SEC fines Citigroup broker-dealer $7 million for trade reporting software fault

Coding error caused CGMI to omit blue sheet reports for trades, and failed to produce data for “many years”, leading to record fine.

The US Securities and Exchange commission (SEC) has fined Citigroup’s broker-dealer subsidiary CGMI a record $7 million dollars for failing to submit accurate data in response to its electronic blue sheet (EBS) requirement.

A software error resulted in Citigroup Global Markets, Inc. (CGMI) failing to submit reports for 26,810 securities trades over a 15 year period to 2014. CGMI’s management failed to report the errors until nine months after the firm discovered them.

Electronic blue sheets are the SEC’s universal reporting format used by financial firms to record trade information such as the time and the type of trade, the number of securities traded and the price of a trade. The SEC regularly requests trading records in this format and financial firms have automated systems in place to create and submit reports in response. An error in the code of Citigroup’s blue sheet reporting system caused it to misidentify and ignore a large number of trades which were then not reported to the SEC.

The software bug dated back to 1998 when CGMI introduced alphanumeric branch codes to accommodate the growing number of its branches across the United States. Trades used for testing the system were assigned branch code digits ranging from “089” to “100”, however the firm’s reporting system was not updated to reflect this change and as a result the system could not distinguish between the codes used for testing and newly-introduced alphanumeric branch codes. Trades that used the mis-identified alphanumeric codes were treated as tests, and were not reported to the SEC.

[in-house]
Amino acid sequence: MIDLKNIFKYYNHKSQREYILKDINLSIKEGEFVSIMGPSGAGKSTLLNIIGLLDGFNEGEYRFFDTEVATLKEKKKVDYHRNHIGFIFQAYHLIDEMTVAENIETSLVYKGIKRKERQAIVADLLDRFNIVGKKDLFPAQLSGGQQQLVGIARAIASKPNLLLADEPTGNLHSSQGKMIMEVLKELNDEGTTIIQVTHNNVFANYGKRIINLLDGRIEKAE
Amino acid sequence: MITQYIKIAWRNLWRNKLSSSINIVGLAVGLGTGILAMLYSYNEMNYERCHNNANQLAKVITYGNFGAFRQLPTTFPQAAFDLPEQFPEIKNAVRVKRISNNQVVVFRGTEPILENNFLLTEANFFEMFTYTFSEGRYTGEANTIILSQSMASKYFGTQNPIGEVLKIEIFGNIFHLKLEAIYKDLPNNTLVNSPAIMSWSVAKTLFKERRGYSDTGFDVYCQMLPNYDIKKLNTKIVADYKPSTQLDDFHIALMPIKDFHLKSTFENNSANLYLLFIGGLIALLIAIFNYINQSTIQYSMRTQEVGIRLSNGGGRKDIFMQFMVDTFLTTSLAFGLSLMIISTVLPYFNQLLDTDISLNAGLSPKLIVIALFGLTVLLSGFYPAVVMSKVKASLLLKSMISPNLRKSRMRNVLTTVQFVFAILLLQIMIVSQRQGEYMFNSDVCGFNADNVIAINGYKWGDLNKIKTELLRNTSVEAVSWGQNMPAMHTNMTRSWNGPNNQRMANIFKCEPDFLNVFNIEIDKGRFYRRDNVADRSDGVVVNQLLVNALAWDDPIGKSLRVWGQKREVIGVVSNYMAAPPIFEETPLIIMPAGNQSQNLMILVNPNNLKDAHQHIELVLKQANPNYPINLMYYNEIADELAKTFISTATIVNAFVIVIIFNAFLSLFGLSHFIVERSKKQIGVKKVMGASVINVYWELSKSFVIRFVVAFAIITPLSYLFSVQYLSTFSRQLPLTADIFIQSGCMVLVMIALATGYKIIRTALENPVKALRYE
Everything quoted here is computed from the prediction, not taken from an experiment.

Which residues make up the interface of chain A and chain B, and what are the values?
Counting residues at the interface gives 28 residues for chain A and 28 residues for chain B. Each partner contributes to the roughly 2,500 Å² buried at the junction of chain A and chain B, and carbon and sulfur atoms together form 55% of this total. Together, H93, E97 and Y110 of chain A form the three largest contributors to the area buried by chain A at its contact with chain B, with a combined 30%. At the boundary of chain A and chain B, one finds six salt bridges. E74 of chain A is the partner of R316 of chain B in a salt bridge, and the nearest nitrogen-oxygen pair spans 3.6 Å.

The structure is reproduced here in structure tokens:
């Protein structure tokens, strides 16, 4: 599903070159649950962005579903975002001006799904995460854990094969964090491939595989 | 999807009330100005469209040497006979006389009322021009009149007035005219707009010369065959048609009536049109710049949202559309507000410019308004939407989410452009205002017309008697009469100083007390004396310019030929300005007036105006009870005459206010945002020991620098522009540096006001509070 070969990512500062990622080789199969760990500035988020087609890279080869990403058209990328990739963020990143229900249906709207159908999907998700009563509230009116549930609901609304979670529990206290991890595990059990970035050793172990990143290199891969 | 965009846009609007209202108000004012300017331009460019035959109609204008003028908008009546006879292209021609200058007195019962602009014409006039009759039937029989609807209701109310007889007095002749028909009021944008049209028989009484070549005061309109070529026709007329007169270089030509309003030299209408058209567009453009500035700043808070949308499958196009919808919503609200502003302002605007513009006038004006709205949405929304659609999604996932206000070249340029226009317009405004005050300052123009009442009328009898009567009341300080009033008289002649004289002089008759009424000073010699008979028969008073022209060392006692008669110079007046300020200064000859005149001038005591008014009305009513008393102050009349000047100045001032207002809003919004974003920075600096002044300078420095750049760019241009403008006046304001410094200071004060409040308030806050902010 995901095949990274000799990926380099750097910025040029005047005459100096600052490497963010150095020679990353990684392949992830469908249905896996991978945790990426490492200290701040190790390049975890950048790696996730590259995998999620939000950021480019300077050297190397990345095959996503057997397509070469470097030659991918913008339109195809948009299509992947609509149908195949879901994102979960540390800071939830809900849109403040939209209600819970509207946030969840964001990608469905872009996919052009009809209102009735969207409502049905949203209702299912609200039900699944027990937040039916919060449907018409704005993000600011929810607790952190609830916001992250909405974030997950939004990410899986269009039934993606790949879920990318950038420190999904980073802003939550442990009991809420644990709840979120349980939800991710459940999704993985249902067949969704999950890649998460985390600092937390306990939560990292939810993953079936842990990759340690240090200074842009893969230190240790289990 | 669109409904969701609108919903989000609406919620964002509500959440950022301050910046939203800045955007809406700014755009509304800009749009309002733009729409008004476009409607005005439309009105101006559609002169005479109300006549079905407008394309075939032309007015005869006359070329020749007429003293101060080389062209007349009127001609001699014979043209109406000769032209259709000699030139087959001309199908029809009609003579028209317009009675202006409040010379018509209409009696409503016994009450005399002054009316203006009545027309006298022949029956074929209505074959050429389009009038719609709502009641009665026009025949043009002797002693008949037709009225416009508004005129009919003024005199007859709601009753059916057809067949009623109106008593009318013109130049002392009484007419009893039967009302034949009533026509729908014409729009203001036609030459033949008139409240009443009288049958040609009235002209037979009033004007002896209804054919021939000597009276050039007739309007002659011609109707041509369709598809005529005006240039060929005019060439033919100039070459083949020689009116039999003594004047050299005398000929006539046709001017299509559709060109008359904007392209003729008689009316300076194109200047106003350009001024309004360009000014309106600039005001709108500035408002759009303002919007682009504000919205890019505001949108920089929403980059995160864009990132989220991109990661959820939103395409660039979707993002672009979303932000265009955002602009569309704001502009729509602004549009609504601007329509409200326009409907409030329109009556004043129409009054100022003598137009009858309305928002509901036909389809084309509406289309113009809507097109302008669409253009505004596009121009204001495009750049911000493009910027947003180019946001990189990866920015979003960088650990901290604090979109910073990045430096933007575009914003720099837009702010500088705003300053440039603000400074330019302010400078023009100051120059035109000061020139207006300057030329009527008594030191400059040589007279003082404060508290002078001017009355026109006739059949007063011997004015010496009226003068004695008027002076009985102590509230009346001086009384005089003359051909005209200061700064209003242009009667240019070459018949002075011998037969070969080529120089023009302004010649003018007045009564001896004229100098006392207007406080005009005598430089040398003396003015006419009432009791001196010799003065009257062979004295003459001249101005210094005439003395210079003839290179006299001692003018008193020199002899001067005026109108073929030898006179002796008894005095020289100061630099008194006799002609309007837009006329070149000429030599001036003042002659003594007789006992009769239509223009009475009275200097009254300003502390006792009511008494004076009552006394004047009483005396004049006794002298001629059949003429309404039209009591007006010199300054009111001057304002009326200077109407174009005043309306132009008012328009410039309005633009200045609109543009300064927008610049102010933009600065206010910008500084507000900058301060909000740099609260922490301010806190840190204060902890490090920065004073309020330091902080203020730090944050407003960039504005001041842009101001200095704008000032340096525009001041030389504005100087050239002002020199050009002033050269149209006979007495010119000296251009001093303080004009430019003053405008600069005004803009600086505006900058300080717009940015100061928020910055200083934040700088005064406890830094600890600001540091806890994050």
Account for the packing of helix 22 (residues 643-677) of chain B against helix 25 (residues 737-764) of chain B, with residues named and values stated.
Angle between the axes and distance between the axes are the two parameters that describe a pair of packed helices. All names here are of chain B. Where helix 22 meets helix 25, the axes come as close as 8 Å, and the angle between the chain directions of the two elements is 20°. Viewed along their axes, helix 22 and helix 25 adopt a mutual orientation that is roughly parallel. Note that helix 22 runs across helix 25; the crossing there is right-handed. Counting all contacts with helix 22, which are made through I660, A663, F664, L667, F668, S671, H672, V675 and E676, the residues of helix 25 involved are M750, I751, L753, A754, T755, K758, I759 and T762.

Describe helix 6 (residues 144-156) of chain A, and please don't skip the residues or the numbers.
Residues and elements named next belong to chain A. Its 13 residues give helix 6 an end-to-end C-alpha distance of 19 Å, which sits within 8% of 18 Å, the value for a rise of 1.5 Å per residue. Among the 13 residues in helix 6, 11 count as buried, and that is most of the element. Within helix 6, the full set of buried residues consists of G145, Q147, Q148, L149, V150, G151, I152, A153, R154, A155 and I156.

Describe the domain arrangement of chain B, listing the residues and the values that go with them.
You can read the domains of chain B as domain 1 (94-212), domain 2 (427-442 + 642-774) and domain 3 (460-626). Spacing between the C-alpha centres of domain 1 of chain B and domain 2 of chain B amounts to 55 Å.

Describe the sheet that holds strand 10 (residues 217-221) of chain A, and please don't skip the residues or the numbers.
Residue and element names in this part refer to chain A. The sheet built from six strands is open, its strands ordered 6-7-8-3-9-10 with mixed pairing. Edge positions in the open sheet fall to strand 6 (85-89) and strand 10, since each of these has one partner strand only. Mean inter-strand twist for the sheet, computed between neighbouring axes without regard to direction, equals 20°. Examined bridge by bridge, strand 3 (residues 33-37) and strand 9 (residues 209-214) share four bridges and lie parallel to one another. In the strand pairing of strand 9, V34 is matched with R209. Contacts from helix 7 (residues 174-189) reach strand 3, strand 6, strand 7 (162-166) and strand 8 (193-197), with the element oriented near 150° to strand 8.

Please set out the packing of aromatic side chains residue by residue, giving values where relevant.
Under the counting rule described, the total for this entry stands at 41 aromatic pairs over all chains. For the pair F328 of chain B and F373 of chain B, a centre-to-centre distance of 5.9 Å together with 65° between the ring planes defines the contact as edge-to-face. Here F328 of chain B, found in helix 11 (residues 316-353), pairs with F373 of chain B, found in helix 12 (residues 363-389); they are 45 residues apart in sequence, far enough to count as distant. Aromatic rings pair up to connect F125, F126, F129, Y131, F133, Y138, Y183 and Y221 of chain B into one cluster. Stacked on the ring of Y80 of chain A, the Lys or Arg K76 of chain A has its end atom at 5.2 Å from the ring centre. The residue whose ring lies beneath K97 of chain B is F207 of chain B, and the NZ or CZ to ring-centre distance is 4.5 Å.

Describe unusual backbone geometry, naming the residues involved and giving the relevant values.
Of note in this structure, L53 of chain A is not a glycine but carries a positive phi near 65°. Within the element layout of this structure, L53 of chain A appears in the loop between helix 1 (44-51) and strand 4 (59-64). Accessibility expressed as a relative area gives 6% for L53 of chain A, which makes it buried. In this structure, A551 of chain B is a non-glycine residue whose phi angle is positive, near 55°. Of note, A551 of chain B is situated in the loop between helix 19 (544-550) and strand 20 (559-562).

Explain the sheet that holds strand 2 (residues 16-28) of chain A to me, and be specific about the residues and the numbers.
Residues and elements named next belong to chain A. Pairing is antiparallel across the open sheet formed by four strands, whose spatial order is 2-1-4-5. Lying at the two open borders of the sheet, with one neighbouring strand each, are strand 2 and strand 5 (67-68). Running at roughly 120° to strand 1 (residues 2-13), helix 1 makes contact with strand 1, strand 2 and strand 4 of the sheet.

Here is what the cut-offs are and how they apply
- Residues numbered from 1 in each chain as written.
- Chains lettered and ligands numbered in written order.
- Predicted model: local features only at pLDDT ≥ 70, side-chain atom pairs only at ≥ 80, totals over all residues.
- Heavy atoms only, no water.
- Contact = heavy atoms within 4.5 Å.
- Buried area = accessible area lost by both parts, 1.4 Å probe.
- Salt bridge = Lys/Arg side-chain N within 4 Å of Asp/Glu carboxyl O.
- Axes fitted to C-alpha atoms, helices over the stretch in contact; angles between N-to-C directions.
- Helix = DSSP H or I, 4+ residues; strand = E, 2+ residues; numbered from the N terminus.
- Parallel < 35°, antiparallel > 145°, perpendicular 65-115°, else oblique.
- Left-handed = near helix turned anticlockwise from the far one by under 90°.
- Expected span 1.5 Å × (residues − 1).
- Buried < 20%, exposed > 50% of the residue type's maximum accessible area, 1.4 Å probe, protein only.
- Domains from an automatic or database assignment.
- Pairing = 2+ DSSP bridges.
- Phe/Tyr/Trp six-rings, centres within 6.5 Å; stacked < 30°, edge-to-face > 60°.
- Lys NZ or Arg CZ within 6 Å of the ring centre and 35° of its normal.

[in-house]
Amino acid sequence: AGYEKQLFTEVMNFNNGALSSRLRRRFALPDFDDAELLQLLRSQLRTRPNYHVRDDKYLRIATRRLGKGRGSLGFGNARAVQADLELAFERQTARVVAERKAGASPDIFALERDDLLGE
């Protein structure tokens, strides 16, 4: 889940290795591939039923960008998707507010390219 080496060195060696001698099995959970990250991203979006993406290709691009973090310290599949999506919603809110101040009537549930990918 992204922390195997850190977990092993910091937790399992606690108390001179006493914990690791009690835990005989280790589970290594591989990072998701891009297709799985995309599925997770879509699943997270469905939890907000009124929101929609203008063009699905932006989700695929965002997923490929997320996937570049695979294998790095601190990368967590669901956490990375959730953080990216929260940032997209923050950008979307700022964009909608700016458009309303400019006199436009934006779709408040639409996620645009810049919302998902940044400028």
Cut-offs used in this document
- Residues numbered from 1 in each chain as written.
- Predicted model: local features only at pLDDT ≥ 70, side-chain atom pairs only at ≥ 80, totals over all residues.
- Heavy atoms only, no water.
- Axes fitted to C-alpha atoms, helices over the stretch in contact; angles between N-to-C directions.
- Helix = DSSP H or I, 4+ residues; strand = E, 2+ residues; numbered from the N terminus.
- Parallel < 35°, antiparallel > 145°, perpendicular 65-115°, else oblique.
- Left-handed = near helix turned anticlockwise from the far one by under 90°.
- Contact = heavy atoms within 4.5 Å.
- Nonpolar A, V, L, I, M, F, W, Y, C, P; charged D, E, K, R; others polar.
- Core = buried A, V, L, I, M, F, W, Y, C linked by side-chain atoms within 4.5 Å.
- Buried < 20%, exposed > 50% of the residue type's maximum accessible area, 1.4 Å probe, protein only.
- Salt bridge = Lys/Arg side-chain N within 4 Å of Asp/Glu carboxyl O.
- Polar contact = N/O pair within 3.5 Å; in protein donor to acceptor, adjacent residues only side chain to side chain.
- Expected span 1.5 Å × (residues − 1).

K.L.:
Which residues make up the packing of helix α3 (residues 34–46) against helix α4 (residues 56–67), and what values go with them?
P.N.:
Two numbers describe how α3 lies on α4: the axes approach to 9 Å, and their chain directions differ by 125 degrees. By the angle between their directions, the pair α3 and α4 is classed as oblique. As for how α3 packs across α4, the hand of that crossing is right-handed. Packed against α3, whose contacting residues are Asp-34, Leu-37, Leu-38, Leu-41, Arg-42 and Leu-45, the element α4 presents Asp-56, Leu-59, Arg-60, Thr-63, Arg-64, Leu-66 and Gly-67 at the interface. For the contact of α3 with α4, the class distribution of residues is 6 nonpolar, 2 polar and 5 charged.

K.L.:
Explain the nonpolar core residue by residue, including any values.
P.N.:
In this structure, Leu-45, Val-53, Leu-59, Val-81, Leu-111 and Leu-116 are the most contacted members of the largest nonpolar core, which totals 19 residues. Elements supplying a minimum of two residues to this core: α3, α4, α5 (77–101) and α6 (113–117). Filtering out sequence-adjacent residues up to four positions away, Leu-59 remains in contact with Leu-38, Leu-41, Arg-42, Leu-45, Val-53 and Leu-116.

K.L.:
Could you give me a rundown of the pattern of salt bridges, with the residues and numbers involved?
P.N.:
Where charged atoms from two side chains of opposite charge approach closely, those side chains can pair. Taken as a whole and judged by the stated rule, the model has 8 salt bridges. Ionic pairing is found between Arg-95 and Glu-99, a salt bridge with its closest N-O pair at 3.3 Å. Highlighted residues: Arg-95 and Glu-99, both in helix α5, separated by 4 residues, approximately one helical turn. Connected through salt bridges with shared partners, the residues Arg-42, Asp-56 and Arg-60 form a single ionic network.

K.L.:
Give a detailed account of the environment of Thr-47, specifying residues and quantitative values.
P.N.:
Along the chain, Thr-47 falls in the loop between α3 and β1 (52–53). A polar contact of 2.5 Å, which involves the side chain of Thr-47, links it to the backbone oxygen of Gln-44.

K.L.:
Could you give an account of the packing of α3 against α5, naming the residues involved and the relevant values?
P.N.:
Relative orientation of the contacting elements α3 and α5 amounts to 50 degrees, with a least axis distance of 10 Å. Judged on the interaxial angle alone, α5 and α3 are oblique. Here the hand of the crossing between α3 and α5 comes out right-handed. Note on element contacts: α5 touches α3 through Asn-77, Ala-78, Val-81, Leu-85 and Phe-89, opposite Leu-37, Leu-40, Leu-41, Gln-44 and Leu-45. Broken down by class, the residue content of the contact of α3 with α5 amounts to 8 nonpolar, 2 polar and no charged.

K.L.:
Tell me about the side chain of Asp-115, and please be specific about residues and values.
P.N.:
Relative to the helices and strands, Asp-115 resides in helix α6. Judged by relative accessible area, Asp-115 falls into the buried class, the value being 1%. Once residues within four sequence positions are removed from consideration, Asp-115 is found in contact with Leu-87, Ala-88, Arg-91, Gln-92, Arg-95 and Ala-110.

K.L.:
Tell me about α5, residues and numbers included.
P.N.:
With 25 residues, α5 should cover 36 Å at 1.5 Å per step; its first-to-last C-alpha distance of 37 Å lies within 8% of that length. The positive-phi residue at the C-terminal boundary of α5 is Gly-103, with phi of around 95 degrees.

The SEC report went on to say that: “CGMI failed to discover the coding error because it did not have in place a reasonable process to check the accuracy and completeness of its EBS submissions.”

The coding error was discovered in 2014 when the SEC sent a large request for trade data. The CGMI’s Institutional Client Group Operations team requested help from technical support help to correctly input the trades in the reporting system. They noticed that one of the trades executed was excluded from the reporting system, which then led to the discovery of the bug.

According to the SEC, Citigroup only reported the error in January 2015, nine months after the software bug had been discovered. The SEC concluded in its report on its fine that: “CGMI’s failure to discover the coding error and to produce the missing data for many years potentially impacted numerous Commission investigations.”

While the SEC’s $7 million fine is a record for failure to correctly report blue sheet data, last year Credit Suisse and OZ Management LP were also fined $4.5 million each for similar omissions.

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